30th September 2014
At first glance the SS15 collection from Chanel looks like a re working of the traditional tweed and usual fabrics synonymous with Chanel, but on a closer inspection the fabrics are fabulous and unexpected.
Formal yet exuberant the fabrics play with texture, pattern and structure as well as cleverly sitting between perfection and imperfection with imperfect dye and print as well as coatings and hand crocheted add on and subtle yet refined fringing and fraying.
29th September 2014
Marni are not usually on my radar of interest but this season I loved the way that the collection ranged from simple yet beautiful toile and canvas fabrics with gently frayed edges through the explosion of colour and pattern that is synonymous with the brand.
But, the thing of key interest was the 'Summer Fur' (dubbed so by Consuelo Castiglioni) made from cut chiffon embroidered on canvas.
The resulting fabrics appeared as if densely piled ruching, creating an entirely new way of designing textural pattern and one that the high street will certainly not be able to copy in a convincing way.
24th September 2014
Celebrating a long forgotten and under appreciated plant, Design Academy Eindhoven graduate Nina Gautier has explored the possibilities of the Urtica Dioica or better know Nettle plant as a renewable textile source as well as a natural dye.
Broken down into two parts, her project 'URTICA_lab:Sensing the source' seeks to connect us with the hidden attributes of the Nettle, whilst 'URTICA_Textile: Touching the raw' is a range of textiles made from nettle fibre exploring the different colours to be created from the different parts of the plant.
URTICA_Lab takes an alchemic approach to the plant and looks beyond the 'stinging nettle' view and shows the transformation of the nettle into different substances respecting its uses in food, medicine, textile and colour.
Celebrating the textures and colours of the nettle and reviving a material that has been used in clothing for over 2000 years but has been out of favour since it was last used by the German Army for uniforms during WW1 due to cotton shortages, Nina has designed a series of blankets, each focusing on the specific quality of the stinging nettle.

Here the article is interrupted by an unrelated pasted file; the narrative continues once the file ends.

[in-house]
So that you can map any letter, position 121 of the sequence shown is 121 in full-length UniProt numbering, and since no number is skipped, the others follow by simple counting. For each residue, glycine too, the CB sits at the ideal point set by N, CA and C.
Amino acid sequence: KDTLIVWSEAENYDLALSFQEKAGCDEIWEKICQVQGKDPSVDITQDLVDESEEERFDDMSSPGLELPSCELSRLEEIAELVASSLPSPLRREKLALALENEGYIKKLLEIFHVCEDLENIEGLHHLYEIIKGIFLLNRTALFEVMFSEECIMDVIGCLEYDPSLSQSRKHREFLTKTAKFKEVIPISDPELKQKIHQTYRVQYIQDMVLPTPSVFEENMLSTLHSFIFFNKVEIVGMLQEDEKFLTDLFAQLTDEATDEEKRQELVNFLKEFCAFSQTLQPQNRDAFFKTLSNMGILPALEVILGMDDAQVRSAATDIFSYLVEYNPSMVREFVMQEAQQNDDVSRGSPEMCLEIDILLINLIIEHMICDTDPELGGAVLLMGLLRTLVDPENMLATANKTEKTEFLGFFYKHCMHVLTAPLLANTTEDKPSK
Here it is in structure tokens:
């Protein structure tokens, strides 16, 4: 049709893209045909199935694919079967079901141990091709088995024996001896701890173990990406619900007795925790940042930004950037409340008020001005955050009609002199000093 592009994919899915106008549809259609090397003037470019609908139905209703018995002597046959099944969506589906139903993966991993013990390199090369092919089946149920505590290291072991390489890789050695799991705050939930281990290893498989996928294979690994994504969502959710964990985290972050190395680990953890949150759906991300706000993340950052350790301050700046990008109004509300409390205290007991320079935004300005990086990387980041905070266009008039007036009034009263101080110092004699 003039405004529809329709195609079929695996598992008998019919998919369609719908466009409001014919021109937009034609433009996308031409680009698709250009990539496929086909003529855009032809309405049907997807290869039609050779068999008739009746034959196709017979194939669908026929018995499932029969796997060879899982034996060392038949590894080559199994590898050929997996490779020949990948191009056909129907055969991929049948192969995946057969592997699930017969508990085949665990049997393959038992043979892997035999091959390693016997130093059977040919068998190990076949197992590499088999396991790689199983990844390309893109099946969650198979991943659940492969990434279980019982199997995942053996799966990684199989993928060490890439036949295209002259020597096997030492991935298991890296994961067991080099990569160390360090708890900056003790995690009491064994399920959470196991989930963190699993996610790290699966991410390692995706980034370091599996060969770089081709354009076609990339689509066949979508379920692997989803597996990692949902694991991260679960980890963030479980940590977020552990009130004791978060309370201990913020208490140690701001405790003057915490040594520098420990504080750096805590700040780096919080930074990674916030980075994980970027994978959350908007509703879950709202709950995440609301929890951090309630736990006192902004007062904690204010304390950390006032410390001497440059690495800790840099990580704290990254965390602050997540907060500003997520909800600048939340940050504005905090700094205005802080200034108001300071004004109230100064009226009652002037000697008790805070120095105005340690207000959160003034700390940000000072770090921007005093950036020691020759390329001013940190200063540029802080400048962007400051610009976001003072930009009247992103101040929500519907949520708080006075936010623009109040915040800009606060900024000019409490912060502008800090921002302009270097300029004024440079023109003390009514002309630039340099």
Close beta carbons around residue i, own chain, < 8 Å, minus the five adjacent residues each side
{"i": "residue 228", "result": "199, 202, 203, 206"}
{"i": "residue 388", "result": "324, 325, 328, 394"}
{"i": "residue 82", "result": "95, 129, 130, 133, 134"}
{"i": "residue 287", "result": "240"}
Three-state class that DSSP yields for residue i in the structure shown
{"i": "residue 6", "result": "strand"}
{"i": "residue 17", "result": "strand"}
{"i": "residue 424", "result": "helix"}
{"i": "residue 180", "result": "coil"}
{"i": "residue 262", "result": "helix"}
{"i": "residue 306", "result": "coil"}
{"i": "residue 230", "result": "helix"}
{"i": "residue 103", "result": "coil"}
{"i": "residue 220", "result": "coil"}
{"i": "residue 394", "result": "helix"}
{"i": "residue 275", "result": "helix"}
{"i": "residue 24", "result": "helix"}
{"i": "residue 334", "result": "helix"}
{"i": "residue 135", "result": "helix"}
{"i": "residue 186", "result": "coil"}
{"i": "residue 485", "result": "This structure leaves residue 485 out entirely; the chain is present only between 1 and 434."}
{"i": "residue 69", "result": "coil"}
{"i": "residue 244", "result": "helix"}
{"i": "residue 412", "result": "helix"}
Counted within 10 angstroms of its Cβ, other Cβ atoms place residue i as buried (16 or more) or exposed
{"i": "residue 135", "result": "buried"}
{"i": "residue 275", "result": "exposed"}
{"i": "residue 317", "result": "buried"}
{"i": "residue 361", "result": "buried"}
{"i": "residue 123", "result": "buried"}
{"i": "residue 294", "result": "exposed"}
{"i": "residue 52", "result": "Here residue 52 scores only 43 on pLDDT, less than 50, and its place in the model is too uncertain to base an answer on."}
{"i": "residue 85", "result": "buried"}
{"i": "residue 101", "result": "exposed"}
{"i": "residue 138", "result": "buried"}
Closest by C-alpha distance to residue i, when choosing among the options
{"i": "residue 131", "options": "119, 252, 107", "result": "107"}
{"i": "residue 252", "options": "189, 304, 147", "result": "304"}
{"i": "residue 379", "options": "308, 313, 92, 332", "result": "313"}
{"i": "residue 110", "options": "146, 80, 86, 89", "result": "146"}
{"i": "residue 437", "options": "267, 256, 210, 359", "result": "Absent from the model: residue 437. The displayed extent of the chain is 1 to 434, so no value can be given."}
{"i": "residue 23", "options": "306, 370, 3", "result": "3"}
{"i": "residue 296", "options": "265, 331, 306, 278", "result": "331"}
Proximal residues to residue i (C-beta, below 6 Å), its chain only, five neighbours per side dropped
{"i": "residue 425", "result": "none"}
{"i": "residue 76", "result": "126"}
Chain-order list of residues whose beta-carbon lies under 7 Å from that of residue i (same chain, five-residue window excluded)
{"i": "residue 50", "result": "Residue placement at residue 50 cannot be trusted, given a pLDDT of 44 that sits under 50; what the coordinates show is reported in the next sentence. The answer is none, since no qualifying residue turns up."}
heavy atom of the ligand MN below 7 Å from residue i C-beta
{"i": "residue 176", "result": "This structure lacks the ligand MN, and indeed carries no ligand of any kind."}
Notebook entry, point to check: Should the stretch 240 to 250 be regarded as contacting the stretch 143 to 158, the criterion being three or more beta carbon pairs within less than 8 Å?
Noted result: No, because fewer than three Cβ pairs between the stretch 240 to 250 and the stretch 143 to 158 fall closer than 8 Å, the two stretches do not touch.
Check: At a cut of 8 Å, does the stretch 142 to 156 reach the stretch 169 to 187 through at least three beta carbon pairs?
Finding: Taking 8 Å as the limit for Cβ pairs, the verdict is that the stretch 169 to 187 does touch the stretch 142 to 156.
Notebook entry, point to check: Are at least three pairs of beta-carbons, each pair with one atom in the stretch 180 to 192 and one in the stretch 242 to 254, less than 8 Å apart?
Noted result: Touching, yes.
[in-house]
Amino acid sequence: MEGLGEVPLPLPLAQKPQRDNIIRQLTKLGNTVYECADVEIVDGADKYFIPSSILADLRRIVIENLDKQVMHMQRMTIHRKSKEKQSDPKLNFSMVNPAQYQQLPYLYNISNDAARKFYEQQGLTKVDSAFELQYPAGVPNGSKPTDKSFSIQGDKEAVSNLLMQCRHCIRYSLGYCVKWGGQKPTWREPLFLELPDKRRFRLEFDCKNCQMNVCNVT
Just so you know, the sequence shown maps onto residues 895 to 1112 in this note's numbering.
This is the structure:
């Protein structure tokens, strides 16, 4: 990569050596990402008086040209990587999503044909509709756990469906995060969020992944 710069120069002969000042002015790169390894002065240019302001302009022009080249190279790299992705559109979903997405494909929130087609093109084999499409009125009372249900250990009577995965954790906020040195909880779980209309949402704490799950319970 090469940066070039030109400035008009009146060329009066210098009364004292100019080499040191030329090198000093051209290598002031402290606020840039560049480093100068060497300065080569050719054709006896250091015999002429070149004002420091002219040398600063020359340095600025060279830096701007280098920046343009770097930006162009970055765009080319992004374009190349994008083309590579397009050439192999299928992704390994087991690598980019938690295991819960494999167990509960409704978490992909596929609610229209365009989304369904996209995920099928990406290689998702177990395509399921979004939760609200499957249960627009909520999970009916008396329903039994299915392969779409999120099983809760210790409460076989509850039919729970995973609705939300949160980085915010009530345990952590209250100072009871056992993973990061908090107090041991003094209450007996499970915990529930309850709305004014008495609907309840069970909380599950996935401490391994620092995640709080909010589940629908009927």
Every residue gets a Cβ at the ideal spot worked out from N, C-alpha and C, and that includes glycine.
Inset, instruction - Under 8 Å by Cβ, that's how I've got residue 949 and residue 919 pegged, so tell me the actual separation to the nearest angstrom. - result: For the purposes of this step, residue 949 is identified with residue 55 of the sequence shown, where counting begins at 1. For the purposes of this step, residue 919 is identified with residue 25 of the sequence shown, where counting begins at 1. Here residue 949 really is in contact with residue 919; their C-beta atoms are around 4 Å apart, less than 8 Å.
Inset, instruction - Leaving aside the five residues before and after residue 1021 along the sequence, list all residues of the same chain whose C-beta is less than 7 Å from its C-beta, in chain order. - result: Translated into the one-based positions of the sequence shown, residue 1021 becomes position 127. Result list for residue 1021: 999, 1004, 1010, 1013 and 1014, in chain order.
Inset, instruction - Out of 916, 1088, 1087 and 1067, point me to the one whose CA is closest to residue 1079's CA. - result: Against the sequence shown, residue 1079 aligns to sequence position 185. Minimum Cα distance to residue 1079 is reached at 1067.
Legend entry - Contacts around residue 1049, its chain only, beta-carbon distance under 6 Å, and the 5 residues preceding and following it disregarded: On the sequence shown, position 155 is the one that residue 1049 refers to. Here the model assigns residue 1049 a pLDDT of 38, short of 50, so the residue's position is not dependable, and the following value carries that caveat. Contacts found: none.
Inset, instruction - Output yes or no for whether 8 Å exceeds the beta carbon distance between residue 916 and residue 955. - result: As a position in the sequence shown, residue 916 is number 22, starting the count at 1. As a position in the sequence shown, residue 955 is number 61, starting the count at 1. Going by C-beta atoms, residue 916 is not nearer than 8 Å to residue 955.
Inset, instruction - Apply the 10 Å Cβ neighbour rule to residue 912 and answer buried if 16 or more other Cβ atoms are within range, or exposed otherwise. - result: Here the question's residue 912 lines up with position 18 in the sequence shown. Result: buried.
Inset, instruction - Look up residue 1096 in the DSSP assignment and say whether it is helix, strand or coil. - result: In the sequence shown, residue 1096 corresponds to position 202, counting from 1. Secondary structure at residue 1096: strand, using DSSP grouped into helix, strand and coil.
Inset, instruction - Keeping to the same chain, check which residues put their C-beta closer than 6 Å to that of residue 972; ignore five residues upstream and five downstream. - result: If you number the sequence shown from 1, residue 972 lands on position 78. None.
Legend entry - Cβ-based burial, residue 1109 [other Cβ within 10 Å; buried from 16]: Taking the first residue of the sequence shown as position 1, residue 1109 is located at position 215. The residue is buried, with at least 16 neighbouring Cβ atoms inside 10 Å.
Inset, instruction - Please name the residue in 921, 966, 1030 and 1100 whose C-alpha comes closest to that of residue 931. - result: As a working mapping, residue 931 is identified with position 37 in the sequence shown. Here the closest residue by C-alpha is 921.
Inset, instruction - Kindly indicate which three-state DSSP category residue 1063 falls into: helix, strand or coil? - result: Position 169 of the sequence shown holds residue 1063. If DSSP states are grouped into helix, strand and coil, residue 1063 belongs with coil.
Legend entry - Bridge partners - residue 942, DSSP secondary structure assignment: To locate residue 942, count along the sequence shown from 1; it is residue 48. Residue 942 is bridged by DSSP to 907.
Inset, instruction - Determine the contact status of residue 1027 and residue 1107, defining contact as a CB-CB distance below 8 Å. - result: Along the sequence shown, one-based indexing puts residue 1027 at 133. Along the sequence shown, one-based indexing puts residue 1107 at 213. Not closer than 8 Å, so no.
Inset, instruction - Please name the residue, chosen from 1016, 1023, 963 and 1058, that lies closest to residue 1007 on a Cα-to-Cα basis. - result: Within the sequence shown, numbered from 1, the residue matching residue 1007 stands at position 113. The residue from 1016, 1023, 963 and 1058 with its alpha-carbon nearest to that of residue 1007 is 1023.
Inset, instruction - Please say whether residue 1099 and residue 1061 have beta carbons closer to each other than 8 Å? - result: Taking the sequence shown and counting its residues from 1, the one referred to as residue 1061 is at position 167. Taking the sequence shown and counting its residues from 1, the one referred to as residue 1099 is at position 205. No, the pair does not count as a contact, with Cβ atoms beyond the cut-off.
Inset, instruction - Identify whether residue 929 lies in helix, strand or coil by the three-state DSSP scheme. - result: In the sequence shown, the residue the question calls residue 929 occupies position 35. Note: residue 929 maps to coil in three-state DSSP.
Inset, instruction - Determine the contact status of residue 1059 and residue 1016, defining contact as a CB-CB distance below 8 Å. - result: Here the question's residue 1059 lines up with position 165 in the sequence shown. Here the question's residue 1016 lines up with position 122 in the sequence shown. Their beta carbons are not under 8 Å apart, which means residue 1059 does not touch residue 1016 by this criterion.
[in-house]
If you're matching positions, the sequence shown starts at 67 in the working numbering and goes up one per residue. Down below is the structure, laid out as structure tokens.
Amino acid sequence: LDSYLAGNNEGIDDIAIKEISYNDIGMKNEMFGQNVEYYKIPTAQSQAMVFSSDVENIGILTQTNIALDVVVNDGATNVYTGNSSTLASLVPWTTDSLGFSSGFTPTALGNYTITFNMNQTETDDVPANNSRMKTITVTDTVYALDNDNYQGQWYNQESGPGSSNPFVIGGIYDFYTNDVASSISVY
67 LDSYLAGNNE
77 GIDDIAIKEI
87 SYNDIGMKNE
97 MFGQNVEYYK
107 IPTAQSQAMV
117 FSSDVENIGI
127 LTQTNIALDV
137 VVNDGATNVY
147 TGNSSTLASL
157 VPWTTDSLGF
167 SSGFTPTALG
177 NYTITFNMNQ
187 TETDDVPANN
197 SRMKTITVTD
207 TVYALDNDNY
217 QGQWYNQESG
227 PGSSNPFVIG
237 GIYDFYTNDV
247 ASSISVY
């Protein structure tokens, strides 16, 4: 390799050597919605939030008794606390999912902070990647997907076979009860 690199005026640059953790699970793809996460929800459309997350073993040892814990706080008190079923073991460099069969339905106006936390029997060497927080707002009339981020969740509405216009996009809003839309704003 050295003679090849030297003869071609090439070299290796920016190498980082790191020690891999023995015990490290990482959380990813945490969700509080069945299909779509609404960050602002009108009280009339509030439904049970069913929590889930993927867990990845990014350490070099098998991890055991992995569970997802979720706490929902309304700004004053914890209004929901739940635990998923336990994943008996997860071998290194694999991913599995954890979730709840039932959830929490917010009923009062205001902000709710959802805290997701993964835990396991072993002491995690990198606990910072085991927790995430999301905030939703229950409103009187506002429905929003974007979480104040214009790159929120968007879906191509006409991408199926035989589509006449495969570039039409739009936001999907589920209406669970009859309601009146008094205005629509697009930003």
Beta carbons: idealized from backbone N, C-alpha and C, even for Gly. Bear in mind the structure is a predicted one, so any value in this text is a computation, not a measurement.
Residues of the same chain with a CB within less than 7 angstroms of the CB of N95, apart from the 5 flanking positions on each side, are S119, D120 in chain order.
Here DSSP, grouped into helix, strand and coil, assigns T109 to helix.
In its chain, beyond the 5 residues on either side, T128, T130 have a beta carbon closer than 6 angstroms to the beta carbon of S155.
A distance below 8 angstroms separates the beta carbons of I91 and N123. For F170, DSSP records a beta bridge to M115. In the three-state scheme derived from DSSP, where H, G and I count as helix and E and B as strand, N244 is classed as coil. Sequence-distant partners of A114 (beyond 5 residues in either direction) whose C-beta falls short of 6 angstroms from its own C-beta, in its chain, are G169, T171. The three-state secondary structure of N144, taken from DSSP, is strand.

URTICA-raw applies the hand spun nettle yarn in its raw colour whilst enhancing the strength and durability of the fibre, URTICA shades is woven with various natural fibres and dyed from one dye bath revealing different tones and shades whilst URTICA spectrum showcases the entire colour range originating from the nettle plant.
More than simply sustainability this project similarly to that of Laura Daza looks to nature to learn lessons that have long been forgotten.
22nd September 2014
Restless Futures is a cultural melting pot of recent Central Saint Martins graduates who are shaping future design practice and was an exhibition during London Design Festival.
Curated around the theme 'Restless Futures' it is the subdivided into 4 categories: disruptive technologies, expanded boundaries, no more stuff?, and democratising innovation.
Curated by the brilliant Franklin-Till each of the sections makes the viewer question emerging technologies and their potential future consequences in our every day.
Exploring how such technologies will affect our social and economic futures, the projects offer a view of an alternative technological future whereby human participation, sustainability and the balance between man and nature finds a new equilibrium.
No More stuff considers how we can reinvent with what we already have in our lives with the work from Sophie Rowley and Cecile Rudolph who has re worked fish skins and beetroot into lace that can be eaten.
Democratising Innovation looks to how technology can be used for the common good whilst Distruptive Technologies shows the burgeoning relationship between craft and design and how emerging technologies can be a force for good or for new ways of producing depleting resources demonstrated by the work of Zuzana Gumbosovak
The final section expanded boundaries suggests a broader engagement with non traditional methods of design for instance collaborating with people outside of the design realms or utilising materials in entirely new ways to create a new dialogue of design.
19th September 2014
The need to find new raw materials solutions from consumer waste continues to bring new materials to the materials palette as well as new aesthetics.
Showing during London Design Festival Matteo Fogale and Laetitia de Allegri have made furniture from old jeans, paper and cotton.
Similarly to Sophie Rowley (who is showing her work at Mint and Restless Futures) the final products bear no resemblance to their material origins.
The furniture and tableware looks like stone, but is in fact made from composite materials: slate-ish, denimite and marblus.
More commonly used for kitchen worktops and skate ramps, slate-ish is more akin to stone but is made from laminating recycled black paper.
Denimite as the name suggests is made from post-consumer denim waste, whilst marblus is made from white cotton and polyester salvaged from clothing, sheets and other white textile waste.